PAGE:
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Energy Demand

Volume 566: debated on Thursday 11 July 2013

The Government published their energy security strategy in November 2012, and on 27 June, along with Ofgem and National Grid, we announced decisions on the capacity market and the use of National Grid’s existing system-balancing powers to secure the electricity supply in both the short and longer terms.

Westinghouse Nuclear Fuel, based in my constituency, employs more than 1,200 people. Will the Secretary of State do all he can to ensure that those people benefit from the next generation of nuclear reactors built in the UK, and will he visit at the earliest opportunity?

As regards visiting the hon. Gentleman’s constituency and its installations, I shall consult my diary. At a meeting of the Nuclear Industry Council yesterday, we engaged on a range of issues, from skills to finance and future collaboration, and we have put in place the strongest ever supply-chain measures to ensure that the whole country, including people in his constituency, can benefit.

I commend the Government’s effort to strengthen our energy system and bring about a sustainable reduction in electricity demand, but does the Secretary of State agree that we must take action to ensure that sufficient generating capacity is available in the short term?

I strongly agree with my hon. Friend. It is important that we take action on both the demand and the supply side. With Ofgem and National Grid’s proposals, which are out to consultation, we will see measures on the supply and demand side in the short term, and of course our proposal for a capacity market will do that in the medium term. I hope that he realises that we are looking at every single measure in a very structured way.

Given the projected energy gap, the time scales involved and the growth in the economy, does my right hon. Friend agree that the Government should encourage further construction of gas power stations, especially given the potential exploitation of shale gas in the near future?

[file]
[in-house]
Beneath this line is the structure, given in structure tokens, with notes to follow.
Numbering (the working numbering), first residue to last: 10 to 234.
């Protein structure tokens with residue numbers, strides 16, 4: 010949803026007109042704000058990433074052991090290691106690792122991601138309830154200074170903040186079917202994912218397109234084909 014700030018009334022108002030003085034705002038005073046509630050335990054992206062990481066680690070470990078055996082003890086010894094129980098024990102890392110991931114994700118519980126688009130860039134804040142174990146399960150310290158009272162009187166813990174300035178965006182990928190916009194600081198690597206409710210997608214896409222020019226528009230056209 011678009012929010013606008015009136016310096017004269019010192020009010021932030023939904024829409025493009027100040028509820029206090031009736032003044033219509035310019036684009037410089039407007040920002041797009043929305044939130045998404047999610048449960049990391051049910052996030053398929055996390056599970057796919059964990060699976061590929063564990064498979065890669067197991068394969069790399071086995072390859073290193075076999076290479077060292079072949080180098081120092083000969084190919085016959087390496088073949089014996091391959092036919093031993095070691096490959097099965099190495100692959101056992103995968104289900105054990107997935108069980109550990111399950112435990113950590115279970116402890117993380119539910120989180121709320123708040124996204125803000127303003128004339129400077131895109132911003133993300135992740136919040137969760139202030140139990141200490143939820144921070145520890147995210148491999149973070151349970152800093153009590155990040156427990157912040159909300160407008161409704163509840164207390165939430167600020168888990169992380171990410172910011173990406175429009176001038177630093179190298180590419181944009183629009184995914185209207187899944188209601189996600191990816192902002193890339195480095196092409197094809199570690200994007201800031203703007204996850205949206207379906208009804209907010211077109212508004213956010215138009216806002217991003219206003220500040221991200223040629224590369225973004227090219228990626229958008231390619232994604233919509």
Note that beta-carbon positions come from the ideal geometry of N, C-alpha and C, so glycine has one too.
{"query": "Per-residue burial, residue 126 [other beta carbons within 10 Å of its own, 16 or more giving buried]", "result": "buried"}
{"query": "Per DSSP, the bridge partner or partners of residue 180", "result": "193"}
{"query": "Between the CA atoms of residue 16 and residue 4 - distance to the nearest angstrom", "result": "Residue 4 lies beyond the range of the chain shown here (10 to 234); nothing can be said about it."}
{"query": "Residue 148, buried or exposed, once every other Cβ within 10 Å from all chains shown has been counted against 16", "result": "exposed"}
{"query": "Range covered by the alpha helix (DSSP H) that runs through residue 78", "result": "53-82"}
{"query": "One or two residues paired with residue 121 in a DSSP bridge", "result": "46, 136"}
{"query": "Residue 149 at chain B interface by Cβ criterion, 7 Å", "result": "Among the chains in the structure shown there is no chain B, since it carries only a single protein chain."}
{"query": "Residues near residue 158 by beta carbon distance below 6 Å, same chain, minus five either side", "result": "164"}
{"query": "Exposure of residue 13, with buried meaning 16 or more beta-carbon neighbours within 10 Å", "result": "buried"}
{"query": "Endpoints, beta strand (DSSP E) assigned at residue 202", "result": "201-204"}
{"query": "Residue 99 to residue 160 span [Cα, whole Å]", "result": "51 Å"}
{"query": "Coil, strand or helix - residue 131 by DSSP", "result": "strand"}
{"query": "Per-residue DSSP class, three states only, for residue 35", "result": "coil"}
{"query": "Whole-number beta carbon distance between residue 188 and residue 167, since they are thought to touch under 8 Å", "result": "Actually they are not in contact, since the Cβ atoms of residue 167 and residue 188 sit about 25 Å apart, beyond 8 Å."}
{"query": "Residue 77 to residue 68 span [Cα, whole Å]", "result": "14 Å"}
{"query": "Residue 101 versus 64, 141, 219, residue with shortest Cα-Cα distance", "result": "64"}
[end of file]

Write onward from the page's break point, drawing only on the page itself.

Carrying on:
My hon. Friend will know that we have done an awful lot to ensure clarity in the strategy to encourage private investment. As he will know, it is not for the Government to build gas power stations, but our gas generation strategy set out a long-term framework for gas investment last year, and with the announcement of the capacity market on 27 June, I think we have a process for encouraging that investment.

Is the Secretary of State aware that the Severn barrage will contribute 5% of Britain’s electricity needs? In deciding on the Government’s response to the Energy and Climate Change Committee’s report, will he support the project in principle and treat it exactly the same as other major power station projects, such as Hinkley, round 3 offshore wind and so on, allowing Hafren Power to raise the risk finance for the necessary work on habitats, environmental impact assessment planning, the strike price and other issues? Otherwise, he might as well kill off the project now.

Obviously, I shall not prejudge our response to the Select Committee, which, as the right hon. Gentleman will know, was not very positive about the Severn barrage scheme, not least because of the costs involved, but if he studies our announcements on draft strike prices for contracts for difference for renewables, he will see in there strike prices for tidal projects as well. It is absolutely clear that we will proceed only if we get value for money for the economy, the consumer and business.

Has the Secretary of State made any assessment of the value of extending the National Grid proposals for a short-term strategic reserve on mothballed plants coming back into operation over a much longer term than is currently envisaged? Does he consider that doing that for only two years, rather than adopting a longer-term proposition, represents poor value?

The hon. Gentleman always makes very informed contributions to our debates. He is proposing that we adopt the policy of strategic reserve, which is a long-term approach, using the powers that National Grid already has. We have looked at that and rejected it, because it is not the right approach to get best value for money and it would create perverse incentives for investment in the wholesale market. We believe that a combination of Ofgem and National Grid measures, using those existing powers, and the capacity market is the best way to meet the security supply requirements, not to impact negatively on the wholesale market and to get good value for the consumer.